Variations on Masefield and Lamentations

We had to go down to the sea again

to inhale the tide and sky.

And all we asked was for a bit of rest

And to watch our dreams sail by.

Dawn breaks in as routines fade,

Gray thoughts sharpen and shine.

We had to go down to the sea again

Where God whispers audible:

You.

Are.

Mine.

I’ll never forget the trouble, the utter lostness,

the taste of ashes, the poison I’ve swallowed.

I remember it all—oh, how well I remember—

the feeling of hitting the bottom.

But there’s one other thing I remember,

and remembering, I keep a grip on hope:

God’s loyal love couldn’t have run out,

his merciful love couldn’t have dried up.

They’re created new every morning.

How great your faithfulness!

I’m sticking with God (I say it over and over).

He’s all I’ve got left.

God proves to be good to the man who passionately waits,

to the woman who diligently seeks.

It’s a good thing to quietly hope,

quietly hope for help from God.

It’s a good thing when you’re young

to stick it out through the hard times.

Lamentations 3:19-26 (MSG)

Fall Poem and Art

The Autumn, by Elizabeth Barrett Browning (emphasis within stanzas is mine)

Go, sit upon the lofty hill,
And turn your eyes around,
Where waving woods and waters wild
Do hymn an autumn sound.
The summer sun is faint on them —
The summer flowers depart —
Sit still
as all transform’d to stone,
Except your musing heart.

How there you sat in summer-time,
May yet be in your mind;
And how you heard the green woods sing
Beneath the freshening wind.
Though the same wind now blows around,
You would its blast recall;
For every breath that stirs the trees,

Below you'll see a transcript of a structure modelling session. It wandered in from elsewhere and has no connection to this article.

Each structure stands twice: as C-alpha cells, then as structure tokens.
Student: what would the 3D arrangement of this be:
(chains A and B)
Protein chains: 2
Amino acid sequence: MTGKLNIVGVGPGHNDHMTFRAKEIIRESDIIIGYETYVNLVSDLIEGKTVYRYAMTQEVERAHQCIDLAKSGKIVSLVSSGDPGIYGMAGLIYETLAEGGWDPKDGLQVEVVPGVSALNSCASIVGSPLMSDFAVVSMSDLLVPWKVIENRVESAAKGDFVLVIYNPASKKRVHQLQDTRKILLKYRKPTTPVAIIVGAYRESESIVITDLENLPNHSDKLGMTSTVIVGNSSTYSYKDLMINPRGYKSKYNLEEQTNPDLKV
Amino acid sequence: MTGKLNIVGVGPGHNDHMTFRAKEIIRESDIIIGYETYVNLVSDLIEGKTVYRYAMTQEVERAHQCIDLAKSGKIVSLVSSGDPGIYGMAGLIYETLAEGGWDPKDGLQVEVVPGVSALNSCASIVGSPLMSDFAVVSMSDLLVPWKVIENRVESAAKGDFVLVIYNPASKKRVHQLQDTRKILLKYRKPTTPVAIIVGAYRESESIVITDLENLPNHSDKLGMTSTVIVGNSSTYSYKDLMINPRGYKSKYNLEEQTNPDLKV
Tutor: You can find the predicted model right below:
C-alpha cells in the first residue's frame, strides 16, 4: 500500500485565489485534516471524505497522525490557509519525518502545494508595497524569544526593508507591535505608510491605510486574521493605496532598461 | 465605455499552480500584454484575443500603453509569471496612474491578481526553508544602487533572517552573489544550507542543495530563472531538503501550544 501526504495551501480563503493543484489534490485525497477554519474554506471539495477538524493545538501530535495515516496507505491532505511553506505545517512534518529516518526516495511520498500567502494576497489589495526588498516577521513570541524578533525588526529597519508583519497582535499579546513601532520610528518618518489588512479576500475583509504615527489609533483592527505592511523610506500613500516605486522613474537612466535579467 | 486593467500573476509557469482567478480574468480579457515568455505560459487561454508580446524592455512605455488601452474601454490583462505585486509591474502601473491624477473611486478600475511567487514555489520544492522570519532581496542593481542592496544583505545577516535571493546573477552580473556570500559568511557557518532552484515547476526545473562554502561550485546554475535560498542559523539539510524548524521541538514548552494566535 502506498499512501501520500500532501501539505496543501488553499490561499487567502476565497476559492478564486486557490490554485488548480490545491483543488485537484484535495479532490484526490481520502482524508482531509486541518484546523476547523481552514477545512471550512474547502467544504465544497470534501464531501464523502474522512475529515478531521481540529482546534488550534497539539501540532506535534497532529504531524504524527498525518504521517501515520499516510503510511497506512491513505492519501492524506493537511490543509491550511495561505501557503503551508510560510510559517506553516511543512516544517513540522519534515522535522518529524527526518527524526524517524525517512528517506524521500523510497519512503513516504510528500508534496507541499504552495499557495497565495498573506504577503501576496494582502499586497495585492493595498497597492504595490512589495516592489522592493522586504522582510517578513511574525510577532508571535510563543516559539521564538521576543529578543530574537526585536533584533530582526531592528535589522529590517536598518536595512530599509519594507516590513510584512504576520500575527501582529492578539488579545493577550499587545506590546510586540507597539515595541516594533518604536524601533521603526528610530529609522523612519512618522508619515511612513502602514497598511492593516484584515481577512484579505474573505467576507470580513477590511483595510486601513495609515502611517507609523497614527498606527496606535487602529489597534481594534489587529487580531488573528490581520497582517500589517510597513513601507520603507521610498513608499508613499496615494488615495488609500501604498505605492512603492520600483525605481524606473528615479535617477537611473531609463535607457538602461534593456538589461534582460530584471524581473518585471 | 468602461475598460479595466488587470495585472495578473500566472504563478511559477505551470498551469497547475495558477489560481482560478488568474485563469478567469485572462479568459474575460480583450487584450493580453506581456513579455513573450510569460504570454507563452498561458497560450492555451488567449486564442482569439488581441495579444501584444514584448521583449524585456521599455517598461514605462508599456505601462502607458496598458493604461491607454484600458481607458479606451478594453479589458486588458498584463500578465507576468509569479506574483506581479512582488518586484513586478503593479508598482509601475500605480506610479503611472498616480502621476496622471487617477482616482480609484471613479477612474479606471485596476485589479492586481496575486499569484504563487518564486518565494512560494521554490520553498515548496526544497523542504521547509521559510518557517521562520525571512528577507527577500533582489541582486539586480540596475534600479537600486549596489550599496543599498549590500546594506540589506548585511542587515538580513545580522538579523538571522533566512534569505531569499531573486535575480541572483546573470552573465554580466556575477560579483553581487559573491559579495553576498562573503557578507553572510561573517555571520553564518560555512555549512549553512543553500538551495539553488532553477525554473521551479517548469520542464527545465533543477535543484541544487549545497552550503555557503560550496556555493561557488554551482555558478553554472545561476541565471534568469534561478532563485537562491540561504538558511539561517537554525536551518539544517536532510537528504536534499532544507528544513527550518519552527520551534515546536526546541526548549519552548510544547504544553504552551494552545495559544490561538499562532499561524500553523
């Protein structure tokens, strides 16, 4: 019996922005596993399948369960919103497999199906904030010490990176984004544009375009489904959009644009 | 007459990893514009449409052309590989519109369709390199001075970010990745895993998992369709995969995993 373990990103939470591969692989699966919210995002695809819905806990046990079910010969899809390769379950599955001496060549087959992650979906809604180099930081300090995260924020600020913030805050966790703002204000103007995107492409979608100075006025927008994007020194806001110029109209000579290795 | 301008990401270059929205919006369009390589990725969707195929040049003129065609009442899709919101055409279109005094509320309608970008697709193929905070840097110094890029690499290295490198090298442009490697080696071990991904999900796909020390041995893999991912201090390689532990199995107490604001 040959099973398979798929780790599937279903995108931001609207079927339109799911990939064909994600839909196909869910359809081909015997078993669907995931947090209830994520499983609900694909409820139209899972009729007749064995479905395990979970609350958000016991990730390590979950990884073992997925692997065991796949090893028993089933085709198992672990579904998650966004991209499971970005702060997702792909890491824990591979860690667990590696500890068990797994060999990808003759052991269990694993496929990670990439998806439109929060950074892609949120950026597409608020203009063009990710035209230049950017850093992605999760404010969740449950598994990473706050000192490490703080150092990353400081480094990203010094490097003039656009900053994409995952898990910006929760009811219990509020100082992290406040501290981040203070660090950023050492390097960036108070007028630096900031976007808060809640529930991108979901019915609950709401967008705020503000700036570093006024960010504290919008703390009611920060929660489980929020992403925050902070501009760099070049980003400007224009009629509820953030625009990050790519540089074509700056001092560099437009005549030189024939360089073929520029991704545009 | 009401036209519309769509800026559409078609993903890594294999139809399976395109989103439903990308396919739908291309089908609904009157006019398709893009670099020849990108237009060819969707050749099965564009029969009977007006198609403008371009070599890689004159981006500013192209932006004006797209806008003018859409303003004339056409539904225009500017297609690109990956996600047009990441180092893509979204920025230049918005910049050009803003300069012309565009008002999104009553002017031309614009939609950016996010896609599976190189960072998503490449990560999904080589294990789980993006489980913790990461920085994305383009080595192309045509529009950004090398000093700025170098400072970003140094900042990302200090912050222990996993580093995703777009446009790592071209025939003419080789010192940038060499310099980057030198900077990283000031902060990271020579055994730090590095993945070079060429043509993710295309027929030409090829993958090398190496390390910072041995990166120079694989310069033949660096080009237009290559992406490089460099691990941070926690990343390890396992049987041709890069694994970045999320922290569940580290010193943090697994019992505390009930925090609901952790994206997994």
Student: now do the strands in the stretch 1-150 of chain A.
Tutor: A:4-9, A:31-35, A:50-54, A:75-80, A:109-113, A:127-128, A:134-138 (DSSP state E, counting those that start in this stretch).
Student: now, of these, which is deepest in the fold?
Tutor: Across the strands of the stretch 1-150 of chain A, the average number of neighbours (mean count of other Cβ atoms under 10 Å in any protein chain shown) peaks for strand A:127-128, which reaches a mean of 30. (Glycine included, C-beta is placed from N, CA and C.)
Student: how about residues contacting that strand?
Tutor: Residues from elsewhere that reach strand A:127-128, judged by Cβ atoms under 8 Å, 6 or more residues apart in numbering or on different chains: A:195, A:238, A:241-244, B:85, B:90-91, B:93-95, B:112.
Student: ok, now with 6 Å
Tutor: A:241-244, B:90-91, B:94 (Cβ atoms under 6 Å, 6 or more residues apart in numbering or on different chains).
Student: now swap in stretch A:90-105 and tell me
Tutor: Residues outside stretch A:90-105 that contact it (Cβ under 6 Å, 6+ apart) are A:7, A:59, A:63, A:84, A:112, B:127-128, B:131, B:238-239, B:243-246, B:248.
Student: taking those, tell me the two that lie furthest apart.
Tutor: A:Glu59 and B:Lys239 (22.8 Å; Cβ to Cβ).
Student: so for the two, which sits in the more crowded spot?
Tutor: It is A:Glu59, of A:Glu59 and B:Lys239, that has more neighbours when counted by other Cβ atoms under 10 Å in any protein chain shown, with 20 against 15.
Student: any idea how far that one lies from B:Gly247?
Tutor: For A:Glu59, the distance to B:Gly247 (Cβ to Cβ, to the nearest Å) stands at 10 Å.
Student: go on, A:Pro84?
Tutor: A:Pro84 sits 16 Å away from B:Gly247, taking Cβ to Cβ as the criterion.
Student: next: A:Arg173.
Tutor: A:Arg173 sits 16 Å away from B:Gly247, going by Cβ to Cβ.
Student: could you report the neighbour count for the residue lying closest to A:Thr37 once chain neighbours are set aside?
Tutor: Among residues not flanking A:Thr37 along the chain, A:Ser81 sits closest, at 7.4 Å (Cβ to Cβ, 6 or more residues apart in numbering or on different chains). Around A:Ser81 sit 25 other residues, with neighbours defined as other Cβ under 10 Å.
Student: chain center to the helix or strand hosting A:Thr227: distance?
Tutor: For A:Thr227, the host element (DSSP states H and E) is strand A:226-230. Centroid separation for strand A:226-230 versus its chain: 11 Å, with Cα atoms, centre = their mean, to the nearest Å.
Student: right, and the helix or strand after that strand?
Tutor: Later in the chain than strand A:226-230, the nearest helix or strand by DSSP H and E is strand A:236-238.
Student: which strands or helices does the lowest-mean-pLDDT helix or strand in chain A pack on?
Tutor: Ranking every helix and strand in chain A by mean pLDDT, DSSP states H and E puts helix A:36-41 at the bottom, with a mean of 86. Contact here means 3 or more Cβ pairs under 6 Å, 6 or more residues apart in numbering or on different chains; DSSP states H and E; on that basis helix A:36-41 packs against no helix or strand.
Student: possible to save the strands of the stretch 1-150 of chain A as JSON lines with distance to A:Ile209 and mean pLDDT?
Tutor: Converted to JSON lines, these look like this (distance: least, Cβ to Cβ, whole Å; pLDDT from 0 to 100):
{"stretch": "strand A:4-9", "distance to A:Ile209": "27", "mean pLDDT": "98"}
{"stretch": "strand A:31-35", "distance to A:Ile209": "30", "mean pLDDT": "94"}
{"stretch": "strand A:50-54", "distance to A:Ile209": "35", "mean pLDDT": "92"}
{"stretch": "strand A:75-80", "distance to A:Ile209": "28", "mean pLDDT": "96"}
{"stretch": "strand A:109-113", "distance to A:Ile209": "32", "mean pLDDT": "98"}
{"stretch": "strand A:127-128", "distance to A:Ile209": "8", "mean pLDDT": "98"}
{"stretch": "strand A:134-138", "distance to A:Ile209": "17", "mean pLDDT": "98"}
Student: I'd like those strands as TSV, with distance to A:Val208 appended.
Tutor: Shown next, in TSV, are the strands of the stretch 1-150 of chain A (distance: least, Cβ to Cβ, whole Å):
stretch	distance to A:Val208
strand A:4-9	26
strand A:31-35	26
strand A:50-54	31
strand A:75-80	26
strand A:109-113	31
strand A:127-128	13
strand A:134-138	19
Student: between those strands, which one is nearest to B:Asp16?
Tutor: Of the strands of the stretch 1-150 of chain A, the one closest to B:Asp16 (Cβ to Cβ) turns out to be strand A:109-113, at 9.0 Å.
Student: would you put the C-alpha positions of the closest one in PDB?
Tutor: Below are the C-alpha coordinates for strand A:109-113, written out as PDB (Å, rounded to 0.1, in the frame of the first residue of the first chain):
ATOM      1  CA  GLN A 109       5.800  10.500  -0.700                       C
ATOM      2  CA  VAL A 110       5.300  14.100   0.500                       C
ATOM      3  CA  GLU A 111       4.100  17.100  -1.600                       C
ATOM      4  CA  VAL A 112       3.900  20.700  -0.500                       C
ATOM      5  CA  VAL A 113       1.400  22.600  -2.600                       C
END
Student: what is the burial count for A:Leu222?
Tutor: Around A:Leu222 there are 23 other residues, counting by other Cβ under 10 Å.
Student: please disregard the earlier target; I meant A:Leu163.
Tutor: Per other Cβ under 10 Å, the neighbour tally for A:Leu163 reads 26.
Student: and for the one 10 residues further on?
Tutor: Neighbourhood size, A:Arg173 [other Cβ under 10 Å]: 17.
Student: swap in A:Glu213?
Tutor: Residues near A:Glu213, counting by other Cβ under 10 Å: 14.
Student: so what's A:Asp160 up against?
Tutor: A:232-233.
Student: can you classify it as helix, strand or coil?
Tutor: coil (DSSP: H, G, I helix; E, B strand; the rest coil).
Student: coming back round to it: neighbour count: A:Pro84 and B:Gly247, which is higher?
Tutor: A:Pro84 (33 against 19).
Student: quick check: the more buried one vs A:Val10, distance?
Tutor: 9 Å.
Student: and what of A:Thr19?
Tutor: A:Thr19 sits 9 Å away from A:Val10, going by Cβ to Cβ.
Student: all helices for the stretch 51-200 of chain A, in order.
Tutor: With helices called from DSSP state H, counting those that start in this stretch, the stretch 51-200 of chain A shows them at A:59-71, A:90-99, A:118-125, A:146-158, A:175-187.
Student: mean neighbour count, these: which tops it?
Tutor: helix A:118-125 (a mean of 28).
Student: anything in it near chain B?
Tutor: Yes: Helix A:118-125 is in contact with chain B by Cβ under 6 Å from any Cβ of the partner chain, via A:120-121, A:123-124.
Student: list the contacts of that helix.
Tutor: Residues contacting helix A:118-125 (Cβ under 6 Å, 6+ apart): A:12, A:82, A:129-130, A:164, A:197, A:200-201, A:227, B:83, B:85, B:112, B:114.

Doth cause a leaf to fall.

Oh! like that wind, is all the mirth
That flesh and dust impart:
We cannot bear its visitings,
When change is on the heart.
Gay words and jests may make us smile,
When Sorrow is asleep;
But other things must make us smile,
When Sorrow bids us weep!

The dearest hands that clasp our hands, —
Their presence may be o’er;
The dearest voice that meets our ear,
That tone may come no more!
Youth fades; and then, the joys of youth,
Which once refresh’d our mind,
Shall come — as, on those sighing woods,
The chilling autumn wind.

Hear not the wind — view not the woods;
Look out o’er vale and hill —
In spring, the sky encircled them —
The sky is round them still.
Come autumn’s scathe — come winter’s cold —
Come change — and human fate!
Whatever prospect Heaven doth bound,
Can ne’er be desolate.

Painting by Leo de Freyne

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“It’s useless to rise early and go to bed late,
      and work your worried fingers to the bone.
   Don’t you know he enjoys
      giving rest to those he loves?”

Psalm 127:2 (TMV)